Updated, 1:40 p.m.:
House Speaker Joe Straus weighed into this with a reply to Rep. David Simpson; in that letter, sent Tuesday, he said, "I stand by the fairness of the House of Representatives' redistricting process." And he repeated some of his original reply to Rep. Trey Martinez Fischer, saying the state is appealing the case and that there are several unresolved legal issues. He also defended the process of drawing the maps, the hours of public hearings and the consideration, he said, of 43 amendments to the maps, including eight by Martinez Fischer. "All members were able to participate in the process."
His letter — which was also copied to Martinez Fischer and to Zedler, is attached, along with the Simpson and Zedler letters.
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State Rep. Bill Zedler, R-Arlington, is joining Democratic leaders who are pressing House Speaker Joe Straus for details of how his office handled redistricting during the last legislative session.
The Democrats are concerned about evidence that Straus’ staff helped draw maps later found discriminatory by a federal judicial panel. But the challenges to the process have as much to do with Straus’ continuing tenure as with redistricting. His support among a small group of very conservative Republicans and a group of disgruntled Democrats is wobbly, and one lawmaker — Bryan Hughes, R-Mineola — has already declared himself a candidate for the job as soon as the legislative session begins in January.
“Political gain appears to have had a greater priority than propriety and fairness,” Zedler wrote. And he added, “The House members who in good faith voted for these redistricting maps certainly have the right to know that the process was conducted properly and fairly. I respectfully ask that you respond to the claims made so that the House and the people of Texas will have all of the facts.”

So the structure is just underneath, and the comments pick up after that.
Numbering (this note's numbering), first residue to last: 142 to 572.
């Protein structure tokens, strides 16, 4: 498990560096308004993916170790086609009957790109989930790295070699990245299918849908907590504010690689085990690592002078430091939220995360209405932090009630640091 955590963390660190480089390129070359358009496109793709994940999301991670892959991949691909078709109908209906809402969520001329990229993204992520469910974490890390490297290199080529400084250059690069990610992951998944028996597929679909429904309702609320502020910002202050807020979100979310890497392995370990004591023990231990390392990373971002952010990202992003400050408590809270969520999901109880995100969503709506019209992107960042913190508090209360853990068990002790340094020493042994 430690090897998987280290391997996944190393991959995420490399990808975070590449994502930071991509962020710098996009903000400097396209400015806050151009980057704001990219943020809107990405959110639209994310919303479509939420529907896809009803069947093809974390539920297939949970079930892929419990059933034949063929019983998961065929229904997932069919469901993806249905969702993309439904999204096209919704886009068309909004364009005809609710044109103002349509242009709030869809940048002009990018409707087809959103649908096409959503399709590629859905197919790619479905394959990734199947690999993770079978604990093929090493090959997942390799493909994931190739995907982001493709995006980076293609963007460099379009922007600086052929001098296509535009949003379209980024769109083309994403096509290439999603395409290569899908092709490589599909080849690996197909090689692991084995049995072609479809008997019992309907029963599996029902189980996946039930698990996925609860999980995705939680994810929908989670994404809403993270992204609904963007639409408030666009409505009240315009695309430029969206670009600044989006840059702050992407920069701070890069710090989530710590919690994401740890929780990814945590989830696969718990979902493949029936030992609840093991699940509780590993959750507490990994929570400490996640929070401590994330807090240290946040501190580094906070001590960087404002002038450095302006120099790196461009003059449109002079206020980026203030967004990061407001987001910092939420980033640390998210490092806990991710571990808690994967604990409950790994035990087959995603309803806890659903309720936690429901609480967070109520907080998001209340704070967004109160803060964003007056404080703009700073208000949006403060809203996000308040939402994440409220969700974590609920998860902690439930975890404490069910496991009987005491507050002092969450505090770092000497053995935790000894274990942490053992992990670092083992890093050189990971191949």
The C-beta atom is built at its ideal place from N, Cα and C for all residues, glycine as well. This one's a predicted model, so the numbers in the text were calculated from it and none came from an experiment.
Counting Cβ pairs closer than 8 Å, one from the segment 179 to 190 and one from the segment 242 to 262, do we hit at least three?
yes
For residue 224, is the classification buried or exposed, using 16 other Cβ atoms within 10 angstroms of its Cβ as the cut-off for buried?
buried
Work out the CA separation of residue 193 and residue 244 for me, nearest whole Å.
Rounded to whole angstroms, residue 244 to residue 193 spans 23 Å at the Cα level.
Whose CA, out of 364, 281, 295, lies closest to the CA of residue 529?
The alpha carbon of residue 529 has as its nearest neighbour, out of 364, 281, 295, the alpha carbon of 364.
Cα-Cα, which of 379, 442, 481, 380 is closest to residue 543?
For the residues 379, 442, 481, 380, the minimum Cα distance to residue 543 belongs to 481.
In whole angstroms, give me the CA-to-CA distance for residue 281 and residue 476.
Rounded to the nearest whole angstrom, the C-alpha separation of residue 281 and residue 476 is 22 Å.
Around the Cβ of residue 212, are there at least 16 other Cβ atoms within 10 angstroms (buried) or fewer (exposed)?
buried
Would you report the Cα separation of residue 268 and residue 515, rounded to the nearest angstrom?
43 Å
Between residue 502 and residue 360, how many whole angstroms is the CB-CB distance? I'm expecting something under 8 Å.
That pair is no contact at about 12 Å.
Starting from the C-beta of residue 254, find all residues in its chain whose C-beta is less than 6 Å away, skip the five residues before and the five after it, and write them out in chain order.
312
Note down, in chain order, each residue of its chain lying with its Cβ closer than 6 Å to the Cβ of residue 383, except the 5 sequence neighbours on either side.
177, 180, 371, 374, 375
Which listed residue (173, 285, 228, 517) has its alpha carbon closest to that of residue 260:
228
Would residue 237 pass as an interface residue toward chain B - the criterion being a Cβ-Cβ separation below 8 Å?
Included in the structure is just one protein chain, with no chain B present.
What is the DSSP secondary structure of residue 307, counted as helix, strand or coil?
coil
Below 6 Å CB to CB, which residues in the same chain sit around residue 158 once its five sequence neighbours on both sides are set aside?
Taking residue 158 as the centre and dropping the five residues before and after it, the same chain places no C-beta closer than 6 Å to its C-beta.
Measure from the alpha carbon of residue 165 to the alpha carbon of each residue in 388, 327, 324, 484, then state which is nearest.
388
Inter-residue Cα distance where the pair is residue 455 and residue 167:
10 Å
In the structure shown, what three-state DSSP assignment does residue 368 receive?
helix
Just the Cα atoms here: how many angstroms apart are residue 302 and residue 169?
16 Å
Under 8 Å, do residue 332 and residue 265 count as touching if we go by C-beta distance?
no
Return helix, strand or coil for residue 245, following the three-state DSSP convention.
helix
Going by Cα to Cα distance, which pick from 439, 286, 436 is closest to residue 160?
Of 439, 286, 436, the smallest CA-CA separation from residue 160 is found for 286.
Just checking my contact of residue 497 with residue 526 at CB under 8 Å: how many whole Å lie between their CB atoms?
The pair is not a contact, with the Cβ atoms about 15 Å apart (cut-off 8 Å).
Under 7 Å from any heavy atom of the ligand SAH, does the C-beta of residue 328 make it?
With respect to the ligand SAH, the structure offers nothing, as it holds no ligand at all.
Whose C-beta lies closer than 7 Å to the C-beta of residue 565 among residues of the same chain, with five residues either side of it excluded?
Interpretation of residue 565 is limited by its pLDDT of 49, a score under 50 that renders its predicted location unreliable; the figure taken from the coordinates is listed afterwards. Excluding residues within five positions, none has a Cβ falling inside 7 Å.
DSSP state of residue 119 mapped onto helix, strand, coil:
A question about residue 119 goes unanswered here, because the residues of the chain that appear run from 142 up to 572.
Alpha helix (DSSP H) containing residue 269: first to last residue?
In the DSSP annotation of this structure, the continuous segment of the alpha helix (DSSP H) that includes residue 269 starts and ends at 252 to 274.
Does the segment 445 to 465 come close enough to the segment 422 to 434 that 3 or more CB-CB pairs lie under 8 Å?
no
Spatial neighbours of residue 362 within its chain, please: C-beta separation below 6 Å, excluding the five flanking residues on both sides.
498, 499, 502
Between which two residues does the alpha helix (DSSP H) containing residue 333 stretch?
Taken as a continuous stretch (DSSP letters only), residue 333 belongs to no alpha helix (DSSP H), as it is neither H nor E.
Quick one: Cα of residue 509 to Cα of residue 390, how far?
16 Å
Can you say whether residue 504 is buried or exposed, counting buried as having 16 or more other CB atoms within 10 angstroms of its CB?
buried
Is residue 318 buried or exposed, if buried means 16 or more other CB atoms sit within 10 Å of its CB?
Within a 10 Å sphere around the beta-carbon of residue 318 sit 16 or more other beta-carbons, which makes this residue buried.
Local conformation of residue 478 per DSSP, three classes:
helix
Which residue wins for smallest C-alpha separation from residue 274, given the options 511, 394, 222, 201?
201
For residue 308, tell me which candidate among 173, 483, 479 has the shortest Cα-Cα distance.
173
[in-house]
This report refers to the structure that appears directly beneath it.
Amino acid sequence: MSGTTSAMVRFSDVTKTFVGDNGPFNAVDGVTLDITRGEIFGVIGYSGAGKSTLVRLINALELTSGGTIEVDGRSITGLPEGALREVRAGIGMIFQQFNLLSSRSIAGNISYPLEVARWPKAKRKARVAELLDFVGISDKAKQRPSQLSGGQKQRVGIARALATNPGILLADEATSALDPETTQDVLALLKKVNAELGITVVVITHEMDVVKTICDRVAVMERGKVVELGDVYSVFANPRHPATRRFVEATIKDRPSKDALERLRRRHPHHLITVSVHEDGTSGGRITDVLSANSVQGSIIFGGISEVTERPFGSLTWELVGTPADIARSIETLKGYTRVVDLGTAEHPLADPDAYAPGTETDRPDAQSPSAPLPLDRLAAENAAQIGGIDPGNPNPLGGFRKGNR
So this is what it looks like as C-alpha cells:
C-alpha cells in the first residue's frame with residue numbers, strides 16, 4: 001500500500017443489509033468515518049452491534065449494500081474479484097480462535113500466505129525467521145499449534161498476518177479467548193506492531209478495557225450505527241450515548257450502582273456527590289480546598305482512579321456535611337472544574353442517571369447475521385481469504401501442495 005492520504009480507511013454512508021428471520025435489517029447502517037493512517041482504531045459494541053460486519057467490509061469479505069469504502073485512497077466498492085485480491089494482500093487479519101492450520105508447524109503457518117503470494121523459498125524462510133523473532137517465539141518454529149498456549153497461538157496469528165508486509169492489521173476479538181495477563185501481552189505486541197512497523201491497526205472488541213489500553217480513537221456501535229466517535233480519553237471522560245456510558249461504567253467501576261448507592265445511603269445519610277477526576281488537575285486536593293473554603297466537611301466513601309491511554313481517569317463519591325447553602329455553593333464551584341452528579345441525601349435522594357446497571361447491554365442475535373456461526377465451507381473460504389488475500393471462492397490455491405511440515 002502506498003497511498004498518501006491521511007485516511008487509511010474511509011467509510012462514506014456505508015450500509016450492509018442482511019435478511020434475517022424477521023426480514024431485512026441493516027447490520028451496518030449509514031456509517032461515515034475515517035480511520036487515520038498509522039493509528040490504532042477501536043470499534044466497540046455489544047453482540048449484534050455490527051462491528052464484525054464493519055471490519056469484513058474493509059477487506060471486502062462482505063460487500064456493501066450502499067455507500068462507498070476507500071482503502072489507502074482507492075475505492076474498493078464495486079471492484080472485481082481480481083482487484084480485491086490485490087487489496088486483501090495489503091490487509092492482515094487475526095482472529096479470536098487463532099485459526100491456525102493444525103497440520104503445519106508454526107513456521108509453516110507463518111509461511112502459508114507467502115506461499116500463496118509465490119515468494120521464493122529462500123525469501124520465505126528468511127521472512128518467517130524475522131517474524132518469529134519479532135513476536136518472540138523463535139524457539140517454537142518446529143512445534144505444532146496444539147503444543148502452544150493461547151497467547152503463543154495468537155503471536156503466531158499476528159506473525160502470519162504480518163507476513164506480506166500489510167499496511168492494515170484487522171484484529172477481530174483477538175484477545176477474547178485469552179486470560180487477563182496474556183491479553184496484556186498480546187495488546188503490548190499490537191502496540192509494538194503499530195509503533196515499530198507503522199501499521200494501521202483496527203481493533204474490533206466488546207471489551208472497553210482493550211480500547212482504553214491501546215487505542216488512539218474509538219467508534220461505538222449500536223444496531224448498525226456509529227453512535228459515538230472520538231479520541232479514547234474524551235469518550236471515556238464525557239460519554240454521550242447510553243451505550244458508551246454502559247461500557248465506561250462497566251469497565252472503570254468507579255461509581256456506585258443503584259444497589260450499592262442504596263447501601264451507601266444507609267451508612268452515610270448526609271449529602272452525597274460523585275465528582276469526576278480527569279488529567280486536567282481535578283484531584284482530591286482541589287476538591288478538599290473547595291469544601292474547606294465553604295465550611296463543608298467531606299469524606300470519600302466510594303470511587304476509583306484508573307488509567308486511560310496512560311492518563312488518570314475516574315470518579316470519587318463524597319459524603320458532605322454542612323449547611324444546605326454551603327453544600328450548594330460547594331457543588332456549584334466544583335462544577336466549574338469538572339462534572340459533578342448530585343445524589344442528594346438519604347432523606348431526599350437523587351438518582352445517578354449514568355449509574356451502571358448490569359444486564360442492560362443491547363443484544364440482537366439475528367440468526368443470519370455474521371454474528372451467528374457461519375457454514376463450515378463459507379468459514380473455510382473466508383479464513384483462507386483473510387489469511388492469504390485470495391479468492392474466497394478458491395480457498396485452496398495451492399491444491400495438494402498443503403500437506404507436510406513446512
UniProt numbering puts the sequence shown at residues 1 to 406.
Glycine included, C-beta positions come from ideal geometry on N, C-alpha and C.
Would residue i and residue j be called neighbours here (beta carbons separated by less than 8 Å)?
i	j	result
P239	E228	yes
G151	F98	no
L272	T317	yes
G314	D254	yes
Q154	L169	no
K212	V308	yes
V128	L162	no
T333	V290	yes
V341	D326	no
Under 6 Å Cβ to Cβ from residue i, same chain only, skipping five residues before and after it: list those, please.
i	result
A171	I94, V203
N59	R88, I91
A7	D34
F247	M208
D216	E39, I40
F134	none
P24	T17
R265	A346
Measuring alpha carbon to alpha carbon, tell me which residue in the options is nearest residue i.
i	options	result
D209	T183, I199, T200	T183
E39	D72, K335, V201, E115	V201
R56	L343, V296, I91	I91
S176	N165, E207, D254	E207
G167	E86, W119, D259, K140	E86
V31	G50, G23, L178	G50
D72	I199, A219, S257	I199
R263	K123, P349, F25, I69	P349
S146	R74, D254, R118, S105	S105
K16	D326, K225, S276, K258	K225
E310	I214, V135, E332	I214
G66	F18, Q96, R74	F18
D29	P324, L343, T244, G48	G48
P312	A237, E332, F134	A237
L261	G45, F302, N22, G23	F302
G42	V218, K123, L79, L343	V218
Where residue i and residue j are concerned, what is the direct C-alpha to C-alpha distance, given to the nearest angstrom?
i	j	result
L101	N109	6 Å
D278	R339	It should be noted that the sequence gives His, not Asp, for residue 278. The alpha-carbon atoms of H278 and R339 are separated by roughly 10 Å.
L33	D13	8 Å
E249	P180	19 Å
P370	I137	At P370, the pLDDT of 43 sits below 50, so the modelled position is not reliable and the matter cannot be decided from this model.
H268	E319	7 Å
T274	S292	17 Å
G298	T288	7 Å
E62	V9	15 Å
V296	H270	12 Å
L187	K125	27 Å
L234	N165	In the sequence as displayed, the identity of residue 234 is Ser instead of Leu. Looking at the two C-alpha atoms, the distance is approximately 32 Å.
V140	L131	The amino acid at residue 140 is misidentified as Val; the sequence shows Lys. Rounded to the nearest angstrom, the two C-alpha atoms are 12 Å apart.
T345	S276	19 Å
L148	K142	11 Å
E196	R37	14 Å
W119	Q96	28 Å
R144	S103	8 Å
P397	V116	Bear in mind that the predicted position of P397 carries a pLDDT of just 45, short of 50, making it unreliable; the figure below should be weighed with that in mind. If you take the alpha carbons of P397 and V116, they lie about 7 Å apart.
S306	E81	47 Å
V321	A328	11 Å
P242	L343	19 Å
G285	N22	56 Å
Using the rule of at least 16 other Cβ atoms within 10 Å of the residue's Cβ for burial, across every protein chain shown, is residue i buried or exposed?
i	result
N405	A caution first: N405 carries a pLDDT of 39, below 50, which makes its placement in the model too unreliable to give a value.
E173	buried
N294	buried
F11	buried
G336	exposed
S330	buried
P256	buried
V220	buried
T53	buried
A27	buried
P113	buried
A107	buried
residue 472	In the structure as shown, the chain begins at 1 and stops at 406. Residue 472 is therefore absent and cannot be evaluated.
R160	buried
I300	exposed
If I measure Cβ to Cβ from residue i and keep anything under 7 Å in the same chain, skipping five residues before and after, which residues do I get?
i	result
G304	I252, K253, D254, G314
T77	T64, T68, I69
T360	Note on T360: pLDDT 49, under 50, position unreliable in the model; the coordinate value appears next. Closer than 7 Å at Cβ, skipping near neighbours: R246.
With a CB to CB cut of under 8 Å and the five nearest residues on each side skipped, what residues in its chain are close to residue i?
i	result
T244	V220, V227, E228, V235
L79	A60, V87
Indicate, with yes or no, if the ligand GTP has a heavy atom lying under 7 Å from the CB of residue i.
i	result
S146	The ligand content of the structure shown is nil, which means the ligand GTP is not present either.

Those questions started with state Rep. Trey Martinez Fischer, D-San Antonio, who said Straus’ staff led the discriminatory conduct cited by federal judges who threw out those political maps. Citing depositions and other court documents, Martinez Fischer said Straus should ask the state’s lawyers to drop the appeal of the case.
He followed in September with another letter, urging Straus to answer him and putting the whole matter in the context of Straus’ leadership of the House.
Republican Rep. David Simpson of Longview, who is sometimes at political odds with Straus, chimed in a few days later, saying he was worried about the process. “I was pretty dismayed with what the court documents show,” he said then. “You expect to have winners and losers in a political fight, but you expect it to be done in the proper way.”
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